Thursday, March 26, 2009

Coming Attractions

As I continue to slave away in the spare 15 minutes a day I have to create the next great set of RPG rules to change the world, I have wrestled with how to provide a simple play test rules sample with out giving away the whole thing.

I may have figured it out. Pocket Mod allows you to turn up to 8 written pages into a one page pocket sized fold up booklet! Kind of like origami for nerds.

But what to include? I think the basic resolution engine, some sample spells/ skills/ basic equipment and character creation can all be condensed into a free, simple 8 page booklet.

One problem solved, only 99 to go!

Tuesday, March 24, 2009

I'm not classy...

D&D created the standard of hit points, levels, and classes. One of the kludges that AD&D introduced was multi-classing. My own opinion is this grew out of folks uncomfortable with the limiting nature of playing fighters, or thieves, or clerics. People wanted to play an archer, or a magic wielding thief, or a specialized killer assassin or a myriad of other dwarven barbarians, or elf monk ideas they had. In fact one of the remaining issues with D&D is all the variant specialized classes that must be duct taped together in order to play to folks specific character concepts. So classes are in a way limiting to the potential enjoyment of the game and by multi-classing or creating new ones, it may even “break” the game.

On the other hand, a strength of the idea of a character classes is it gives a player a pigeon hole from which to begin the game. If I’ve never played an RPG before a class list lets me pick a clever thief, a ancient wizard, or a battle scarred fighter to start. In addition as a veteran player, if I am exploring ideas for what kind of new character to play, a listing of classes and their description gives me a chance to explore other variations in a simplified format.

Contrast this to the open ended creation of something like GURPS. You need to have some sort of concept of character type before you step into the wilds. Once you figure your stats, then advantages, then disadvantages, then skills you do have a unique character! The issue is the daunting amount of information one must research and know prior to beginning play. For a new player I think it is too overwhelming and it relies on an expert to help guide you in your concept and building of a character to fit that concept.

In the end that’s what character creation boils down to, creating a concept. D&D is limiting in what you can be while GURPS may be too wide open and in trying to provide everything, it becomes overwhelming.

As I work on my own RPG I have taken what I hope to be a middle road of sorts. I do not claim this is unique in anyway, just that it seems to fit into my concept of what makes good gaming. Instead of classes, characters will have a background, maybe call it a career, prior to their current adventuring. This could be anything from wandering wizard, cutpurse, miner, sailor, fisherman, farmer, soldier, town guard, priest, woodsman, or other ideas. I believe this will be similar to the WFRPG idea but it won’t have the idea of migrating into 4 different higher level jobs. The characters had a previous career, then became a full time adventurer. What they end up becoming is whatever they and their GM come up with.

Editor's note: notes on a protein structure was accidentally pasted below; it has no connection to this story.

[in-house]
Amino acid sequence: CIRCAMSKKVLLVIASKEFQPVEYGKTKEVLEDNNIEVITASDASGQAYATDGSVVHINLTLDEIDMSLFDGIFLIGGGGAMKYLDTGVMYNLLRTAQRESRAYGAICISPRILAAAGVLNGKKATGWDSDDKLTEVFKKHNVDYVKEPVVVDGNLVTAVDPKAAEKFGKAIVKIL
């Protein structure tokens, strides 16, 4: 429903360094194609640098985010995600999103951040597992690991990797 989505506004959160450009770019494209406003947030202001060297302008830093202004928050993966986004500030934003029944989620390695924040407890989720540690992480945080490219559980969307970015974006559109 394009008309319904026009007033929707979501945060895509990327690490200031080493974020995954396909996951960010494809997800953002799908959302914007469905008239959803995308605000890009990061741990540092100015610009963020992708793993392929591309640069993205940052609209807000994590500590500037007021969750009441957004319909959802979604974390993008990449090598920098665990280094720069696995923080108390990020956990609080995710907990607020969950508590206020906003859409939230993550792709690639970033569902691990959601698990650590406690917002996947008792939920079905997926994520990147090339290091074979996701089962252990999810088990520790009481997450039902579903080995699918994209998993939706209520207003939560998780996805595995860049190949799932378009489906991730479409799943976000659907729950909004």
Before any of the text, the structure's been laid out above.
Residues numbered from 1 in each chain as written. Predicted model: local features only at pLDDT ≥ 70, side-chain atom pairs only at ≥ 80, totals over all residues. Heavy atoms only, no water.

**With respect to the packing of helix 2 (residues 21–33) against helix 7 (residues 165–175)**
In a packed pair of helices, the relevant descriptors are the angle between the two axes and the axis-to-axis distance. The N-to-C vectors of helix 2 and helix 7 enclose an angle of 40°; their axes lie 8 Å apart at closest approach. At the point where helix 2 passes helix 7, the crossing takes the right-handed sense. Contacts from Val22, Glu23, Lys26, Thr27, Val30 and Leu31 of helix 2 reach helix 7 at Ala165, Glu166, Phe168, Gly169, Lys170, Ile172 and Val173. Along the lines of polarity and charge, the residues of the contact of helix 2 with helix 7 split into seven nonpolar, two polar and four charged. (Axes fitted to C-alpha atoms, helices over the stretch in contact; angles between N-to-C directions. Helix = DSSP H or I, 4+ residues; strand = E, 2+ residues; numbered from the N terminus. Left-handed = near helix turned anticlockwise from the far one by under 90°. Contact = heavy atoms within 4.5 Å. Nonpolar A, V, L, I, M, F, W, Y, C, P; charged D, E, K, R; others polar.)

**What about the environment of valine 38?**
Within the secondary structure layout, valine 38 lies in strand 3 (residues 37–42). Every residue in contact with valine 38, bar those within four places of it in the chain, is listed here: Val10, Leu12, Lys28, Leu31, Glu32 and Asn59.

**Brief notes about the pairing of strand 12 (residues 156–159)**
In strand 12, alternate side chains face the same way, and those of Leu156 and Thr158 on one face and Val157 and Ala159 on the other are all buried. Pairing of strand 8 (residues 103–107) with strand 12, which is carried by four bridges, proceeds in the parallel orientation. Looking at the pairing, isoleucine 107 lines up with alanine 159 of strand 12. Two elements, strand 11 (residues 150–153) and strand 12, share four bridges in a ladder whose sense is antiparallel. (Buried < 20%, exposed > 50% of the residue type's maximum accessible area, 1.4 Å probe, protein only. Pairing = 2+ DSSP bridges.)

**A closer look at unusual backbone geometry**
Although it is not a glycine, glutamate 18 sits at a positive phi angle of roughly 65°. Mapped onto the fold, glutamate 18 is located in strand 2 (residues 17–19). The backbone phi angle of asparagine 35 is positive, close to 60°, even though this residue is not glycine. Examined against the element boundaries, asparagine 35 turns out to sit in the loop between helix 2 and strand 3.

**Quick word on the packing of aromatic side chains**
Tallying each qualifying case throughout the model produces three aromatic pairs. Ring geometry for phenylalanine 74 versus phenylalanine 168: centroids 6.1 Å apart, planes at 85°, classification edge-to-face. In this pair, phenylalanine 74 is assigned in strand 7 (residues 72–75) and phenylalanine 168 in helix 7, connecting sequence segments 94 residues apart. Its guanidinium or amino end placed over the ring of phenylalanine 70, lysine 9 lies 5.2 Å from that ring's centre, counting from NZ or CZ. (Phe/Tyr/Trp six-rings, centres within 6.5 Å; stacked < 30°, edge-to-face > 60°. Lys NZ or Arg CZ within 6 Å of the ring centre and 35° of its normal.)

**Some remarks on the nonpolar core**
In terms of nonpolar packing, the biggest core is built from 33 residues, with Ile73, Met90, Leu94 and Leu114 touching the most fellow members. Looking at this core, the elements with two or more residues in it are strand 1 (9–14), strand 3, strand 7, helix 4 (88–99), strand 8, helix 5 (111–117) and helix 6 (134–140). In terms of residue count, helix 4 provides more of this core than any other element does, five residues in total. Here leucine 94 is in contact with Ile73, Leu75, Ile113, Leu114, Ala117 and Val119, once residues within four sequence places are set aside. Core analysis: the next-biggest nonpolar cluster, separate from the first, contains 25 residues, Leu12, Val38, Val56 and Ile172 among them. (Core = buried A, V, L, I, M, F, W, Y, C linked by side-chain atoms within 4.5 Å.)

I believe this fills the need to provide a pigeon hole for basic character generation and concept, while allowing a player to become whatever they want through skill purchasing and experience as they play the game.

Thursday, March 19, 2009

Are you not entertained?

Over at Ode to Black Dougal, Patrick made an interesting post about a campaign with a cap level 3 for the players. You can read it here. This is exactly the kind of gaming I enjoy.

In the comments I found an interesting one of note:
from Badmike...
good luck finding a handful of players willing to game for 30 or so sessions to get their characters to 3rd level! I think the IDEA is intriguing and would make a great pick-up or convention type setting (no one higher than 3rd level in the campaign world); however, the actual application would be very hard to implement. I'm still waiting for the brave soul(s) who are willing to devote a year or so to this endeavor just to prove they could. Just imagine the look on the poor Joe's face as the 2nd level ftr he has been playing for 2 years gets killed by the thrown axe of a kobold warrior, or a fall into a pit trap, or the bite of a good sized war dog.... I won't even mention the absurdity of a "god" that a decent sized troll could work over like a pint of beer at a biker rally....

I guess, because of my own bias on what makes gaming fun, I just don't get it. Is losing a 2nd level character harder to a kobold's axe than losing a 10th to a giant's sword? A loss is a loss. Is it the issue that in gaming for a year you raised one level and that's the problem? Or is it that you only made it to 2nd in that year so you feel cheated? But going from 8th to 9th and then dying is just fine? I don't see it.